There’s a great deal of misunderstanding surrounding what private medical insurance (PMI) actually is, and the benefits it can provide to customers. Making an informed decision now will ultimately spare you disappointment in the future. PMI isn’t the right choice for everyone, so it’s important to know the facts upfront before committing yourself to an expensive policy.
What is private medical insurance?
Private medical insurance is designed to pay your medical bills if you’re treated privately. Individuals can choose to take out a policy directly, or it can be included within an employee benefit package, where it’s administered through a company scheme.
What does medical insurance include?
Treatment for acute medical conditions – Private medical insurance is designed to cover acute conditions. These are illnesses and injuries which are relatively sudden in onset, whereby after treatment you make a full recovery to your previous state of health. Some examples of acute conditions are broken bones, haemorrhoids and cancer.
Specialist fees – Your insurance is designed to cover all your specialist bills. These are surprisingly expensive, with just a short consultation costing up to £250 or more in the case of some London specialists.
Hospital fees – Your policy will pay for your treatment at a private hospital. This will include procedure costs, nursing care, your own private room and any drugs and dressings you need while you’re in hospital. When you take out your policy you will be asked to opt for your preferred hospital list, consider this carefully as although some lists are cheaper than others they may not include the facilities you want to use.
Secondary care – Medical insurance policies are designed to cover you from the point you’re referred onwards by your GP to a hospital specialist, this is known as secondary care.
Emergency admissions – If you’re admitted to an NHS hospital in an emergency situation, your policy will cover you to be transferred to private hospital via a private ambulance when you’re well enough to be moved.
Planned procedures – These are procedures you’ll know in advance that you will need, such as a scheduled knee operation or planned heart surgery.
Diagnostic scans – Your insurance will cover the scans your specialist needs to diagnose your condition. These include ultrasound, X-ray, MRI, CT and PET scans.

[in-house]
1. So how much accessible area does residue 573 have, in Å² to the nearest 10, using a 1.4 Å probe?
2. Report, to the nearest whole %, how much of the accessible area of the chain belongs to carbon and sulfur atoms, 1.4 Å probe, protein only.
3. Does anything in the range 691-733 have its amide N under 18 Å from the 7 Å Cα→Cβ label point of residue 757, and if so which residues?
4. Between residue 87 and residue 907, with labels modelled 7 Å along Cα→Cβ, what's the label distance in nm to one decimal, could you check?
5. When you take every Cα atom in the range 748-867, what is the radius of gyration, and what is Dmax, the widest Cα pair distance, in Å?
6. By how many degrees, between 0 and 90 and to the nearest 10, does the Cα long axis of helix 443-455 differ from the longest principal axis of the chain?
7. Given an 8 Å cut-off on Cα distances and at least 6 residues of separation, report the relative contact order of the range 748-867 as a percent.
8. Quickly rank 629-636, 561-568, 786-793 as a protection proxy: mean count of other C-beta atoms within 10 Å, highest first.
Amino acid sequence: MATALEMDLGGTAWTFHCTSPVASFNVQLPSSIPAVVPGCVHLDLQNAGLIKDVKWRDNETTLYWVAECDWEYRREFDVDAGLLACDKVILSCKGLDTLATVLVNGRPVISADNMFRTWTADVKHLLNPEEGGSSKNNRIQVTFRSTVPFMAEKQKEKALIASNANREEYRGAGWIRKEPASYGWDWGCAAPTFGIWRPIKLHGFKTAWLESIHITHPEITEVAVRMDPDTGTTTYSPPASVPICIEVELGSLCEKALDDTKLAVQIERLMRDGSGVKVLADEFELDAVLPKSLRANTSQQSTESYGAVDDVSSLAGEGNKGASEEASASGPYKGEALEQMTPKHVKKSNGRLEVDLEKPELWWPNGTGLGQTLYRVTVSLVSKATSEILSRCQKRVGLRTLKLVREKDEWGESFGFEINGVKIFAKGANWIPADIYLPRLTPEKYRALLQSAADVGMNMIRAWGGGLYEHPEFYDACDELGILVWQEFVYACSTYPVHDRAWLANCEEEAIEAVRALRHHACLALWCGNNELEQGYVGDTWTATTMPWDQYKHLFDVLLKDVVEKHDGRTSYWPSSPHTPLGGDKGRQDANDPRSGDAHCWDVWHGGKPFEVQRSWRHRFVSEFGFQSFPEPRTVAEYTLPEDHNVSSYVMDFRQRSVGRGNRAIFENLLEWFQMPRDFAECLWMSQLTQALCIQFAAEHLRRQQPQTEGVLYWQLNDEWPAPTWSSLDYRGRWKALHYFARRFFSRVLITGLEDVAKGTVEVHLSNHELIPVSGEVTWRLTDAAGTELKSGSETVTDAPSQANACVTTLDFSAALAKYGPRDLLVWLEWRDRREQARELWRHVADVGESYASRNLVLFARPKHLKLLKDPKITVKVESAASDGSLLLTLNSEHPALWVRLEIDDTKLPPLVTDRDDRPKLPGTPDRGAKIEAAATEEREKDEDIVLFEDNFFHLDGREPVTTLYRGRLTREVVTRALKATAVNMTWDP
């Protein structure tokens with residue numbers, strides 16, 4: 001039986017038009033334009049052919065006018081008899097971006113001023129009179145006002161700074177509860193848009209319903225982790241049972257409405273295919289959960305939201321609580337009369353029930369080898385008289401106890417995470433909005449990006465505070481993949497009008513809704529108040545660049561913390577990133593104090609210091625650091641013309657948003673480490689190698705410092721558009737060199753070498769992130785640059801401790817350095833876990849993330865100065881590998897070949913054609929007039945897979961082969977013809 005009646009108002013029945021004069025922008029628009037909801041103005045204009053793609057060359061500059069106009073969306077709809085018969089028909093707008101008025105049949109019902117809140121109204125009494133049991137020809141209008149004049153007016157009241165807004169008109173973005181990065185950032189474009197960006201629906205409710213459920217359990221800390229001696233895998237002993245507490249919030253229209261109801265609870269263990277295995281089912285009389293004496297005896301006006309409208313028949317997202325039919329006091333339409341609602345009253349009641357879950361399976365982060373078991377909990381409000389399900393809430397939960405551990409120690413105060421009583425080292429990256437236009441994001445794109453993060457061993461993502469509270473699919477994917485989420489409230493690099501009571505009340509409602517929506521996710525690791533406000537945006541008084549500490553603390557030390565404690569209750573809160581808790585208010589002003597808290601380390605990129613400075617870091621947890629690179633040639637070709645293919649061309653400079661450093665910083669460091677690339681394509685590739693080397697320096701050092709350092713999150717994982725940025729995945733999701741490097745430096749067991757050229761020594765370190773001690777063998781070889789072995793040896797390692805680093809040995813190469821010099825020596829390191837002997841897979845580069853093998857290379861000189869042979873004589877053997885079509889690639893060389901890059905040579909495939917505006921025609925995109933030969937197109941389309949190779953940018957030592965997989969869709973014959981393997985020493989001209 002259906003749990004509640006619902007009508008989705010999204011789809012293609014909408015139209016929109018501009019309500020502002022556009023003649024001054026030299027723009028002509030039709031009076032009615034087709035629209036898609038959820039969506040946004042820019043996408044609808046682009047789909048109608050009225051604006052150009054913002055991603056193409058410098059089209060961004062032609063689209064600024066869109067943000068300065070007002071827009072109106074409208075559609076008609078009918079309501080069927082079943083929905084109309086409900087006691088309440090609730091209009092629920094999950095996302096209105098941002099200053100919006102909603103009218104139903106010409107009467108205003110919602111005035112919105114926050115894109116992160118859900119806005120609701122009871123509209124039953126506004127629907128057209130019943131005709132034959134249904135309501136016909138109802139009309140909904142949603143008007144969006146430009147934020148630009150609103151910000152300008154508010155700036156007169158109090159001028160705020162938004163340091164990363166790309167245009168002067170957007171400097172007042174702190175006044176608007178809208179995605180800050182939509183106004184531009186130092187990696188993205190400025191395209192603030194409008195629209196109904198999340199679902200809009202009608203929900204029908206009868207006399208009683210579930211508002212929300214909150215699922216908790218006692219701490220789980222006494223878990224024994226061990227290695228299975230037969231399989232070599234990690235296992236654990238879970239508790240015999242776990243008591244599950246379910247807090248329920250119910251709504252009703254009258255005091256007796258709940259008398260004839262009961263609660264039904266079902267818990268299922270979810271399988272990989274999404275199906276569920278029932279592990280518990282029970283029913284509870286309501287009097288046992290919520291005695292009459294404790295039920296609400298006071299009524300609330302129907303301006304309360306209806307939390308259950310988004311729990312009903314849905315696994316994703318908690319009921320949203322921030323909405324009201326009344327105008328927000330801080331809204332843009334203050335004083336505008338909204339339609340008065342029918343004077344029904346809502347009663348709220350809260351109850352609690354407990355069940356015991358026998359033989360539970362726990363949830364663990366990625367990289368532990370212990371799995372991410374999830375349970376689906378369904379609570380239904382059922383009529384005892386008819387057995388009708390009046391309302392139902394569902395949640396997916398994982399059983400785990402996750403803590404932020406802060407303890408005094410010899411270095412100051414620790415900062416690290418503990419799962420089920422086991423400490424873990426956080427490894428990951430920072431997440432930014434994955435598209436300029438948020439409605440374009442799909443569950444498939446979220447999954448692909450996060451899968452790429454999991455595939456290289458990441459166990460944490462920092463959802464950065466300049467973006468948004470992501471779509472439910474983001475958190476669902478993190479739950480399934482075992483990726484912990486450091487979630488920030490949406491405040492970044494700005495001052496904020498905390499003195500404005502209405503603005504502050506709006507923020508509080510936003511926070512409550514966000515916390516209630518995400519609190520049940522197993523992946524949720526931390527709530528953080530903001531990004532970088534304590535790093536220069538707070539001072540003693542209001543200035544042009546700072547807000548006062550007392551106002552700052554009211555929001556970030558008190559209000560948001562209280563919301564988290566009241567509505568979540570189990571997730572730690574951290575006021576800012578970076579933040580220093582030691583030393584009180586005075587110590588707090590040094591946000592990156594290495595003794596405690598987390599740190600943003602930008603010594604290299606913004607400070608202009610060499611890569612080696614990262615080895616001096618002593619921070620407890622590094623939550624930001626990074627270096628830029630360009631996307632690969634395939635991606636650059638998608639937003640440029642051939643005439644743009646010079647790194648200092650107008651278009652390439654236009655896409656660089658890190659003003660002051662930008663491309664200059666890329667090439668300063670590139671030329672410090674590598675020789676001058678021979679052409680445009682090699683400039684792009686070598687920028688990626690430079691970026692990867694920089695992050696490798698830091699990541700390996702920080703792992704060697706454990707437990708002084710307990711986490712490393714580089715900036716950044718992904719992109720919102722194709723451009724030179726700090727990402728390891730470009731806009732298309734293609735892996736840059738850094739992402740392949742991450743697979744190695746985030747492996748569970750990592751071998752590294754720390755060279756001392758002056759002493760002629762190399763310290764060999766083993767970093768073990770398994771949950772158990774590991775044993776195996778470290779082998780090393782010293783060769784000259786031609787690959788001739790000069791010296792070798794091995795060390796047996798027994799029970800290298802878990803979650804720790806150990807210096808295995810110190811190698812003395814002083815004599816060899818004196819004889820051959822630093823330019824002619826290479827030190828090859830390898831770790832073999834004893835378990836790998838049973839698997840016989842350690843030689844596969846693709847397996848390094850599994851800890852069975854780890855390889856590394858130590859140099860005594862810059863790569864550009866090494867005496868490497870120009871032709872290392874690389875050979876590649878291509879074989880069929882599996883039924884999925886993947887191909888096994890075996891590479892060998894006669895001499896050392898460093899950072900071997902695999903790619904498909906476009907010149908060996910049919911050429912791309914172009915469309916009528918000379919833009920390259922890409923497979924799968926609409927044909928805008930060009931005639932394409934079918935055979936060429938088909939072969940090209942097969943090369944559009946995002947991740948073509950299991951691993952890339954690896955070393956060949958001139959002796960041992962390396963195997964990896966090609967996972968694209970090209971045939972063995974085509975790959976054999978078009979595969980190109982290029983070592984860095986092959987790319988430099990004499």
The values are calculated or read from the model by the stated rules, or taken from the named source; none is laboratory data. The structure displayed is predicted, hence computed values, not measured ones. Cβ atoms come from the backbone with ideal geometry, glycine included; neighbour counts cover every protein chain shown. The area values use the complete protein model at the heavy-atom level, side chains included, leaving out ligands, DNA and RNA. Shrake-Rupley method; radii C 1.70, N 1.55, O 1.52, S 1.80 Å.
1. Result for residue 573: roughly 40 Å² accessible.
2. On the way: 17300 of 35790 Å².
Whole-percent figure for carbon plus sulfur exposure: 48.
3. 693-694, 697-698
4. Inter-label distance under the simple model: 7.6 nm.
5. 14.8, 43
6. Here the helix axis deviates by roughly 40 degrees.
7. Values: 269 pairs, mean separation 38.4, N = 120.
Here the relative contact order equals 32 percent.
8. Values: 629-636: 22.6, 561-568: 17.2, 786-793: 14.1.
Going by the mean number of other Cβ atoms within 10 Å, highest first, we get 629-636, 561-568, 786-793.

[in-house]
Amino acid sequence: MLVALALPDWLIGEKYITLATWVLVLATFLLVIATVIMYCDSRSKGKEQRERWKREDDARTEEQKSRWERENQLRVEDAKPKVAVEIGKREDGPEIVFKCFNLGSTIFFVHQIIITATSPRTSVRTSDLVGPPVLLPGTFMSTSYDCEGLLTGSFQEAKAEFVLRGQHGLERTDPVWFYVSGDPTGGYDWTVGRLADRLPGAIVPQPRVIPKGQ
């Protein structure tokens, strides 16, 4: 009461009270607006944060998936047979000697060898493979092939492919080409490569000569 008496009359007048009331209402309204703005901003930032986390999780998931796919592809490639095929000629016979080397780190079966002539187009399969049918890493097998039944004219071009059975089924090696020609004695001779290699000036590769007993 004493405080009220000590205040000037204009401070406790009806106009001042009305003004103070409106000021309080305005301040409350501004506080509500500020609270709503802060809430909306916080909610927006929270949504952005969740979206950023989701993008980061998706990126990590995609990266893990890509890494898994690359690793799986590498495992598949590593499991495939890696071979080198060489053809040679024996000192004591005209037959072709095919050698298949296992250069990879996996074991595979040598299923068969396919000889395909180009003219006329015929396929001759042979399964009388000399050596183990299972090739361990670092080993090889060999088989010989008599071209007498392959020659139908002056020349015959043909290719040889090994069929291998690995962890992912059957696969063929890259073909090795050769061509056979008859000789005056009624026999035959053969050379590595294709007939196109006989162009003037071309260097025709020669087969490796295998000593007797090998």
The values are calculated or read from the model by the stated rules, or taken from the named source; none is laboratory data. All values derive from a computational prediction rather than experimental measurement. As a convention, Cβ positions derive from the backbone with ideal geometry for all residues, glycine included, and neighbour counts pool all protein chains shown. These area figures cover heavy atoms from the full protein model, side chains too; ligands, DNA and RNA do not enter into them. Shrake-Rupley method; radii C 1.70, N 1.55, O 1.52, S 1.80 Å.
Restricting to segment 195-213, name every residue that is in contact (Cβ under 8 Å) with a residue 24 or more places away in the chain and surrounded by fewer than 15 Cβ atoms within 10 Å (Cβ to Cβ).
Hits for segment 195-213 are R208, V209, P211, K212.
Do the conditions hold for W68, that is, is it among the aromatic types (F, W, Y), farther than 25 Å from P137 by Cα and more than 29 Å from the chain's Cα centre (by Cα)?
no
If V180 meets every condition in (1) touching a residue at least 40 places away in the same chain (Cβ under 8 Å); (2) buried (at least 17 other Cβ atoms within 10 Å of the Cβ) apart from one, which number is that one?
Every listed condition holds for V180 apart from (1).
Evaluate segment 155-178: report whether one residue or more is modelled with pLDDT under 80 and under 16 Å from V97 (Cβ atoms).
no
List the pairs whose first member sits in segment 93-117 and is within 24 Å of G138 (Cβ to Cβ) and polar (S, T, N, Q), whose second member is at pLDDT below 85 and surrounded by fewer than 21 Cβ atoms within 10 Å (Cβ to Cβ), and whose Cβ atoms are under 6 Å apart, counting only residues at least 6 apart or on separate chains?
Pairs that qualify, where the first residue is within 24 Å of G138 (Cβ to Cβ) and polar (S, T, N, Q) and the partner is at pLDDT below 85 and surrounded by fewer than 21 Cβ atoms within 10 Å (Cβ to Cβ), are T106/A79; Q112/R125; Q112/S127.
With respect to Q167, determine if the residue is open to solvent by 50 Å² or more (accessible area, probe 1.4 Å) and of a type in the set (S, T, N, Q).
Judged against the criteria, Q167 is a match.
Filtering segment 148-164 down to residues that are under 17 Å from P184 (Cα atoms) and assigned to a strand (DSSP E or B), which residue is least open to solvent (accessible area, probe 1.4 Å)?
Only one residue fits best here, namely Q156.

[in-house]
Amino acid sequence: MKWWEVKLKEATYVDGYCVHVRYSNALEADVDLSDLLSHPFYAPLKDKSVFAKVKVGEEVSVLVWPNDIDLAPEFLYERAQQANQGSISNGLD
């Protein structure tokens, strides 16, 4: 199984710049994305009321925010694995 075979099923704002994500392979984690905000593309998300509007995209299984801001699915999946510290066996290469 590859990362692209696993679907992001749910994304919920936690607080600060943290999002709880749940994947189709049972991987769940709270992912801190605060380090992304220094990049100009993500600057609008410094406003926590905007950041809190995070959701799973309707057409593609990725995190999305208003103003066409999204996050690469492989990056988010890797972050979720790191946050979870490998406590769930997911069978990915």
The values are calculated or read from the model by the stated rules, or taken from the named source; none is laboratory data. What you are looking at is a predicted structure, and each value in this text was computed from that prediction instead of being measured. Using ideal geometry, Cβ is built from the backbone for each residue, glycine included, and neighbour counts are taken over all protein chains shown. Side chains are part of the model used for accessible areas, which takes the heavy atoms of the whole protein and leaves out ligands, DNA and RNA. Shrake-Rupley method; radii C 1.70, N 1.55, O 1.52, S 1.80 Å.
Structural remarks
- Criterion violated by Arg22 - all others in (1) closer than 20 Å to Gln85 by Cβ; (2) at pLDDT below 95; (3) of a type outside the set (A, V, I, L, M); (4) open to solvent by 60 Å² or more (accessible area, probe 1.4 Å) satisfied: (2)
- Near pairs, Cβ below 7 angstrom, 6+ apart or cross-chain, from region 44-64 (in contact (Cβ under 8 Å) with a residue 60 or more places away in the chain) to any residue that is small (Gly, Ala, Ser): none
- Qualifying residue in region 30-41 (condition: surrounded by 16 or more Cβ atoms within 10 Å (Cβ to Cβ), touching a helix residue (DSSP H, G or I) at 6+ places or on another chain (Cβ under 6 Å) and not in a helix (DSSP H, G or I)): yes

Planned treatment regimes – Sometimes you need regular treatment to get better, your insurance will generally cover this if it’s recommended by your specialist. This can include courses of chemotherapy, or a block of physiotherapy sessions.
5 Benefits of private medical insurance
- Speedy access to the treatment you need, without the inconvenience of NHS waiting lists.
- Increased choice, including the ability to decide which specialist will treat you and the hospital you want to use.
- Comfortable facilities such as your own private room with an excellent range of food choices.
- The added convenience of being able to fit your medical appointments and procedures around your lifestyle.
- Access to expensive drugs that are not yet covered on the NHS.
Cost – If you’re struggling to afford private medical insurance then you should be aware that the costs will increase year on year. For the elderly and many others this can prove to be prohibitively expensive.
Not all treatments covered – Your insurance is only designed to cover you for acute conditions so if you have an ongoing chronic condition you may not be able to obtain any benefit under your policy.
No private GP cover – You will still need to use your NHS GP to obtain a referral to a specialist.
Policy restrictions – Some policies are better than others and it’s vital to read the small print so you know what you’re signing up for. Outpatient limits and large excesses can mean that some policies will only provide a minimal benefit.
Do you really need private medical insurance?
Private medical insurance offers people increased choice surrounding their medical care and can provide a valuable supplement to the services of the NHS. However, it doesn’t suit everyone and some people prefer to save their money and just pay for private treatments when the need arises.
On average you can expect to be seen on the NHS in 7 weeks, with only 1 in 10 patients waiting longer than 18 weeks for treatment.
Although NHS waiting lists can be long the extent of this has been hyped by the media. On average you can expect to be seen on the NHS in 7 weeks, with only 1 in 10 patients waiting longer than 18 weeks for treatment.
Whether you need private medical insurance is largely down to personal choice and your individual circumstances. If you can afford it then you’ll benefit from increased convenience and flexibility, but the same quality of specialists are available on the NHS so you won’t be getting any preferable treatment. Our national health service is internationally regarded as one of the best in the world, so whether you opt for private cover or not you can be secure in the knowledge that you’re in safe hands.
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